Contents for IRS Statute of Limitations (click to navigate):
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Tax Returns: 3-Year Statute for IRS to Review Return and Issue Assessment
Generally, the statute of limitations for the IRS to assess taxes on a taxpayer expires three (3) years from the due date of the return or the date on which it was filed, whichever is later. A return is considered to be filed on the due date of the return if it was filed on or before its due date, which is typically April 15th of each year. Once a Return is filed, if the reported income on the Return does not identically match the income that was reported to the IRS, the IRS has (3) years to issue a tax increase in order to collect on this taxable income that was omitted on the Return.
The IRS also has three (3) years to review a Return through Examinations and conduct an audit. this is where they will require you to document all disclosed work expenses and other itemized deductions. Failure to substantiate the figures that were claimed on Return will result in a Tax Increase notification to enable the IRS to begin collecting on this balance. An assessment occurs when an IRS officer signs a certificate of assessment stating the amount owed by the taxpayer upon review of Return. Additionally, the IRS statute of limitations gets extended for an even longer time when there is a substantial omission (more than 25 percent) of gross income on the return. In these circumstances, the time limit for the IRS to make its assessment gets stretched out to six (6) years from the date the return is filed or deemed filed, whichever is later. If you think the IRS has assessed you beyond the Statute, feel free to contact us and we can perform a Free Confidential Check-Up to make sure your rights are not being violated.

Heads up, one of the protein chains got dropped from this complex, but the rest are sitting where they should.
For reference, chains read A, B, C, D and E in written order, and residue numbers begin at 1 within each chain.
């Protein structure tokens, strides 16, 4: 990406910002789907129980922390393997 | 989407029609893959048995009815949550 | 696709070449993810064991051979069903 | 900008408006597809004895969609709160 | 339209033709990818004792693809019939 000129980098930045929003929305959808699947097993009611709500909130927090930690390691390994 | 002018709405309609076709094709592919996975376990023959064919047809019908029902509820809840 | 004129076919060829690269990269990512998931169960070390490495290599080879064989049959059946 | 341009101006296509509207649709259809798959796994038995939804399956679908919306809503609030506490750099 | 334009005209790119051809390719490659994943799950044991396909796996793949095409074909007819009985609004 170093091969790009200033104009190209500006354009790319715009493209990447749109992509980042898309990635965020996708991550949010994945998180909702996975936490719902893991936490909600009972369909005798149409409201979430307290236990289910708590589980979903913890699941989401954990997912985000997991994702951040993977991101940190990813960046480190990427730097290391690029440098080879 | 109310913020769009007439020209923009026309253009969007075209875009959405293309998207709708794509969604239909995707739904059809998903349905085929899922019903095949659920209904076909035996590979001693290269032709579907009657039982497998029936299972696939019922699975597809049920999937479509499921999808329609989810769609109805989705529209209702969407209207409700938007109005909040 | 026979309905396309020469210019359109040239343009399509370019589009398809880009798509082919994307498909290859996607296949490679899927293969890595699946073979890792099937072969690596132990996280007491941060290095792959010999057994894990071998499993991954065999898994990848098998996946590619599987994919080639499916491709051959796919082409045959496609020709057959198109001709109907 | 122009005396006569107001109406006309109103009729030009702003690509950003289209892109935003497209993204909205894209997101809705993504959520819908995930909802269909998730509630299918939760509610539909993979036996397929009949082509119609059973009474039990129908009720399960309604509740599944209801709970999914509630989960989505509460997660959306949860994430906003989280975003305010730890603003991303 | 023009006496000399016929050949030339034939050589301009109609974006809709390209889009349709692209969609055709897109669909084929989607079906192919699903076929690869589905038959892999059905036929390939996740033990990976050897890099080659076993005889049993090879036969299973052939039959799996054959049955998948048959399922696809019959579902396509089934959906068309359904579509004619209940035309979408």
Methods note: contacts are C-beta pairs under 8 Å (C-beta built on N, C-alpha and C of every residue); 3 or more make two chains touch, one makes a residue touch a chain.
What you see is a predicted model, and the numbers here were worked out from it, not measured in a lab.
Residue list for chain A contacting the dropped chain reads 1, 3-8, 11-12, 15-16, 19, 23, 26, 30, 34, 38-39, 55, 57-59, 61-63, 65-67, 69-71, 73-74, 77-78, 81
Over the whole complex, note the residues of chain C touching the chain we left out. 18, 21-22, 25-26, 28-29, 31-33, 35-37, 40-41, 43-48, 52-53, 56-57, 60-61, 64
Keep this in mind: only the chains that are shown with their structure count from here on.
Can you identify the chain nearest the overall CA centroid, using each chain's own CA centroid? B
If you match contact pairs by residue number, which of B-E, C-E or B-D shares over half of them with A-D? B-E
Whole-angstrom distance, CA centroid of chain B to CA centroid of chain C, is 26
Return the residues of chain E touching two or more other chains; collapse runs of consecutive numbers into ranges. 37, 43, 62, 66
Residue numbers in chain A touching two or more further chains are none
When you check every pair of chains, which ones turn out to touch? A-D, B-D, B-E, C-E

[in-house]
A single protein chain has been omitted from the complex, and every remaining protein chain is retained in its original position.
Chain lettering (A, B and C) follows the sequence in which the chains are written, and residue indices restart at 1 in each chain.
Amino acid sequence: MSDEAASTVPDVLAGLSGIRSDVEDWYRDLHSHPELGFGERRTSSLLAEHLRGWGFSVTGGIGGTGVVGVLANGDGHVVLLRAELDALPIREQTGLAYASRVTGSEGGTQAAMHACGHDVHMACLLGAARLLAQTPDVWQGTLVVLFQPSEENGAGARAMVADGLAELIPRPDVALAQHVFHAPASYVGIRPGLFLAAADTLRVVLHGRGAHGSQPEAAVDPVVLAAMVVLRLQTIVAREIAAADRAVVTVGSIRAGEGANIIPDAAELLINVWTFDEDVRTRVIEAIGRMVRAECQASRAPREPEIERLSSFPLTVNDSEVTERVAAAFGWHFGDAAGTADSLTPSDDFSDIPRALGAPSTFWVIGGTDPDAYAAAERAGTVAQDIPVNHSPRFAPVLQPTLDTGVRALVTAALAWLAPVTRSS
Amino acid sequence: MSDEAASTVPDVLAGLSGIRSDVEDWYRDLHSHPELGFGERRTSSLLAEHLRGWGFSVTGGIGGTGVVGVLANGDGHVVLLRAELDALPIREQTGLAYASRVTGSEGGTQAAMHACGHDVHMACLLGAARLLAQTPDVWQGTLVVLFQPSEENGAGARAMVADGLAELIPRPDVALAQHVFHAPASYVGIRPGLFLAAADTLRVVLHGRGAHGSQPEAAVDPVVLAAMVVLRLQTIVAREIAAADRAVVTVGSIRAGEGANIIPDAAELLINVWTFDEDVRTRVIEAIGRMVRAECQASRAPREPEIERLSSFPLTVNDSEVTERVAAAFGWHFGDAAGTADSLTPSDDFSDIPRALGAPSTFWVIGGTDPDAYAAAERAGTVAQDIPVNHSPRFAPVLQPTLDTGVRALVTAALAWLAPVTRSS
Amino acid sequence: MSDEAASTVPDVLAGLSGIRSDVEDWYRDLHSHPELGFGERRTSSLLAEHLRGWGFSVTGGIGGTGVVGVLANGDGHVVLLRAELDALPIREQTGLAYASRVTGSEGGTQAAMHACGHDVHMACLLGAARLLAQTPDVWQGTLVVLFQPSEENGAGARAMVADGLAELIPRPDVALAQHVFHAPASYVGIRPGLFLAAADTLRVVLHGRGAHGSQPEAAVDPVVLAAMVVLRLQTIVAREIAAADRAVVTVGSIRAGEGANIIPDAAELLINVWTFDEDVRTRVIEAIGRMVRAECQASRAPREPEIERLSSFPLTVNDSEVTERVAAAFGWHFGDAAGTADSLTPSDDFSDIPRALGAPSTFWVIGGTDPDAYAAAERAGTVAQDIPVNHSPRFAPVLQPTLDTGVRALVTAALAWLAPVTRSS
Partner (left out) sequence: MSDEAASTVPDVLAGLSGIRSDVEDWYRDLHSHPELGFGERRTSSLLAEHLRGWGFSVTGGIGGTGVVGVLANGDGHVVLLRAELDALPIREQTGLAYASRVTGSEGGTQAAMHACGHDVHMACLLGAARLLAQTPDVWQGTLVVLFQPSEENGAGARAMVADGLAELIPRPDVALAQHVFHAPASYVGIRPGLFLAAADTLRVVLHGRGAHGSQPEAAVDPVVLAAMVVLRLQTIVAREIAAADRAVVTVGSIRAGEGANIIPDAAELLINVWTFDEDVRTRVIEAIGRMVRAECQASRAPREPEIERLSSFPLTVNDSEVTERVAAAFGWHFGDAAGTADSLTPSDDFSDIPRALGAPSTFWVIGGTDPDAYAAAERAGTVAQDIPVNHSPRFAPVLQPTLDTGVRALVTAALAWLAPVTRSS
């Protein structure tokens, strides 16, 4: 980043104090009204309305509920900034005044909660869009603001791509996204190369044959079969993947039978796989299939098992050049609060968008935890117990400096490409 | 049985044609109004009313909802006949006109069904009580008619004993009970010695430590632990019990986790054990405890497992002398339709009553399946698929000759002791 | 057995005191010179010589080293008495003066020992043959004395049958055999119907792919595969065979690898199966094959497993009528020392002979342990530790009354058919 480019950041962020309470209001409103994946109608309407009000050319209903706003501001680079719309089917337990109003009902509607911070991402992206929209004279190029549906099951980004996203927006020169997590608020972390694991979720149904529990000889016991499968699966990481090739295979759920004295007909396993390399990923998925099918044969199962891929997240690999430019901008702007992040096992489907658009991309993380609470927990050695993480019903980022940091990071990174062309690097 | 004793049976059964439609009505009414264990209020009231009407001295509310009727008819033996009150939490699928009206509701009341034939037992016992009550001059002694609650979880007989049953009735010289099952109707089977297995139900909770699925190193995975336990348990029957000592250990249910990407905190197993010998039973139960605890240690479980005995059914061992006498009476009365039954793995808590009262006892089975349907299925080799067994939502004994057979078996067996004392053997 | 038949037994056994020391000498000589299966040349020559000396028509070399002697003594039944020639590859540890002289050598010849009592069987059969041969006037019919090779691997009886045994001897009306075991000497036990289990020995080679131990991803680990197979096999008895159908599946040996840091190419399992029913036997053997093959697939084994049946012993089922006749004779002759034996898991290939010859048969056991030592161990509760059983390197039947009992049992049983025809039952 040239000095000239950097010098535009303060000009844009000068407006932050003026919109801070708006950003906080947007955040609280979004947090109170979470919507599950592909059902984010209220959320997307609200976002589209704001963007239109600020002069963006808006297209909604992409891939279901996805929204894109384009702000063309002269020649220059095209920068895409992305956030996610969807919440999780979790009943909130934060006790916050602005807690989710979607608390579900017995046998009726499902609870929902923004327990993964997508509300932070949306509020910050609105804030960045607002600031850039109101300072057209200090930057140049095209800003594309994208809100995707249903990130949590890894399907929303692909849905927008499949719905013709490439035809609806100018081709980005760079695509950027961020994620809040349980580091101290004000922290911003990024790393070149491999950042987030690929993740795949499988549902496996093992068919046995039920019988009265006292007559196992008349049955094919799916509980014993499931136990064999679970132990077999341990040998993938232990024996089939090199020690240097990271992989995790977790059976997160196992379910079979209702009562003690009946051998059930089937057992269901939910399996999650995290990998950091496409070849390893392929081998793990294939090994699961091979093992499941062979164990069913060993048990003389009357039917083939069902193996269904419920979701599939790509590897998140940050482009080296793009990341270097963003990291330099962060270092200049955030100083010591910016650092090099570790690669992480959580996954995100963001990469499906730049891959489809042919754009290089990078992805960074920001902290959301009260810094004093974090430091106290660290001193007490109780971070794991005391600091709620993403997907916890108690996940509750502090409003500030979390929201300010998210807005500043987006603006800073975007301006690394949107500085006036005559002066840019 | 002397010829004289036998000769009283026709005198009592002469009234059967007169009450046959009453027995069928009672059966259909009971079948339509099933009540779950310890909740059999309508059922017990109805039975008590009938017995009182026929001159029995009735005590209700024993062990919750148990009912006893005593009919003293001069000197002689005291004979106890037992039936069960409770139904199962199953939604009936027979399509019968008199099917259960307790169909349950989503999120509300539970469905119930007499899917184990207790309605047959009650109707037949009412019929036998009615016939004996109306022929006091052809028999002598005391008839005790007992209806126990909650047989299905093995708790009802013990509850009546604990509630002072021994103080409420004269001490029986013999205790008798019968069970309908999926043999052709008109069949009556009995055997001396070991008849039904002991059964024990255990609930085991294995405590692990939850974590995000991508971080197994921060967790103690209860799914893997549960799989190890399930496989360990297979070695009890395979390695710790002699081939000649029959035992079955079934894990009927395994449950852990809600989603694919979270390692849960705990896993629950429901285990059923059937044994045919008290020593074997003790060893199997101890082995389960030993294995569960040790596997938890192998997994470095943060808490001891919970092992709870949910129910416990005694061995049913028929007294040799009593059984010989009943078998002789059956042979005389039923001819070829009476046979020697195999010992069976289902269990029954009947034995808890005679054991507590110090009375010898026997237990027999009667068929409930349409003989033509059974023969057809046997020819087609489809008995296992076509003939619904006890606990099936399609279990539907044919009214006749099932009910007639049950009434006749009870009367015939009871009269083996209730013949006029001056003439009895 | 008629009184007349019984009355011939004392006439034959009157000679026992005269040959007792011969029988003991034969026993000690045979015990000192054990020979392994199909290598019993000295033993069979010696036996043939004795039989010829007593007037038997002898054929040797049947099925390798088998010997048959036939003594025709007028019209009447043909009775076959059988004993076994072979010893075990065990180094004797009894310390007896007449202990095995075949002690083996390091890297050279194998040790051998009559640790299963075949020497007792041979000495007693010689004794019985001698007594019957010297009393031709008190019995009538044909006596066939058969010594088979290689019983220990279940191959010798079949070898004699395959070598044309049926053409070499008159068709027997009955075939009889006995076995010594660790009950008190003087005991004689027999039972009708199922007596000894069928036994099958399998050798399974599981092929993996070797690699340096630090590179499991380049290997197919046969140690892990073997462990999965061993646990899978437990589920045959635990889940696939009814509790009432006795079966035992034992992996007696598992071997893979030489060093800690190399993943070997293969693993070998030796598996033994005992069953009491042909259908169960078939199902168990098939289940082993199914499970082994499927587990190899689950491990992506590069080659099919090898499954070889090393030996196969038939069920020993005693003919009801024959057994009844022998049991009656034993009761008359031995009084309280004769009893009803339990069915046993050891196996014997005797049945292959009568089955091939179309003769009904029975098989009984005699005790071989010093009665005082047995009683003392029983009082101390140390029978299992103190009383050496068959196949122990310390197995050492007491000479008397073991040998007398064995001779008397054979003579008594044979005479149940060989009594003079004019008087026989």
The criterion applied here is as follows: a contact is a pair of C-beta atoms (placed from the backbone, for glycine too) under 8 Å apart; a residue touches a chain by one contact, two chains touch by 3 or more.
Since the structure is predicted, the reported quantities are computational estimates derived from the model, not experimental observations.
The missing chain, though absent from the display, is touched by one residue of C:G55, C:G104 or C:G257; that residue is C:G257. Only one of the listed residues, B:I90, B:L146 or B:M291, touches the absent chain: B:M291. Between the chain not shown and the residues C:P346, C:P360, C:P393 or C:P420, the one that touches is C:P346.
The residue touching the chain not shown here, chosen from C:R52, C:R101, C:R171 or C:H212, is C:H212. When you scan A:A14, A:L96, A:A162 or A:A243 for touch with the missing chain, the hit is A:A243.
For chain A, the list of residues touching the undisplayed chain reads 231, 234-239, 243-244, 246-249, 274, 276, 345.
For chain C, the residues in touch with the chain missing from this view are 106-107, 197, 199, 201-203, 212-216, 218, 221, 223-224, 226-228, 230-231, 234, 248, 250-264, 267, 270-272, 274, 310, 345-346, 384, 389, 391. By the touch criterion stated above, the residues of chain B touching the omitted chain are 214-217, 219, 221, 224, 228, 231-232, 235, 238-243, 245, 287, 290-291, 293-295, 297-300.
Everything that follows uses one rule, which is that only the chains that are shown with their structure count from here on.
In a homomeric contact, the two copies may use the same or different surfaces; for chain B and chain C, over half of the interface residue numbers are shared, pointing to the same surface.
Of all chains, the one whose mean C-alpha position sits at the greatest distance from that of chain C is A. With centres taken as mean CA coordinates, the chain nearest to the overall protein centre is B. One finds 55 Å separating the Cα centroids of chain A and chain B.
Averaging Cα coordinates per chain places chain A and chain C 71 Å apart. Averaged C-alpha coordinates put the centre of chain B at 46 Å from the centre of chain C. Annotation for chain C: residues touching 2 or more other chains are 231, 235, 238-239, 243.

How Long Can the IRS Collect on Tax?
The IRS generally has ten (10) years to collect on an unpaid tax. After that time has passed, the IRS can no longer legally collect the balance and they write it off.
The ten year period is measured from the date that the tax was assessed, not when it was originally due. So, if you filed your tax return late the 10 year clock will not start running until you filed the return.
If you never filed a tax return, but the IRS filed one for you using a Substitute for Return / 6020(b) assessment, then the statute of limitations began running whenever that assessment was processed by the IRS on your behalf.
The date that your balances expire is known in IRS-lingo as the Collection Statute Expiration Date, or CSED.
My Tax Issue Was Assessed More Than 10 Years Ago And Has Not Expired. Why?
IRS Balances can only legally be collected for 10 years, but there are many events that may stop that 10 year clock from running. This is known as "tolling the statute of limitations". Events that stop or "toll" the statute of limitations from running include:
Filing an Offer in Compromise -- the statute of limitations does not run the entire time your Offer is under review, including any Appeals that you exercise.
Filing Certain Appeals -- the statute of limitations does not run the entire time an IRS Appeal is pending, in most cases.
Filing Bankruptcy -- the statute of limitations does not run the entire time you are under the protection of the bankruptcy courts or for the six months following the discharge or dismissal of the bankruptcy.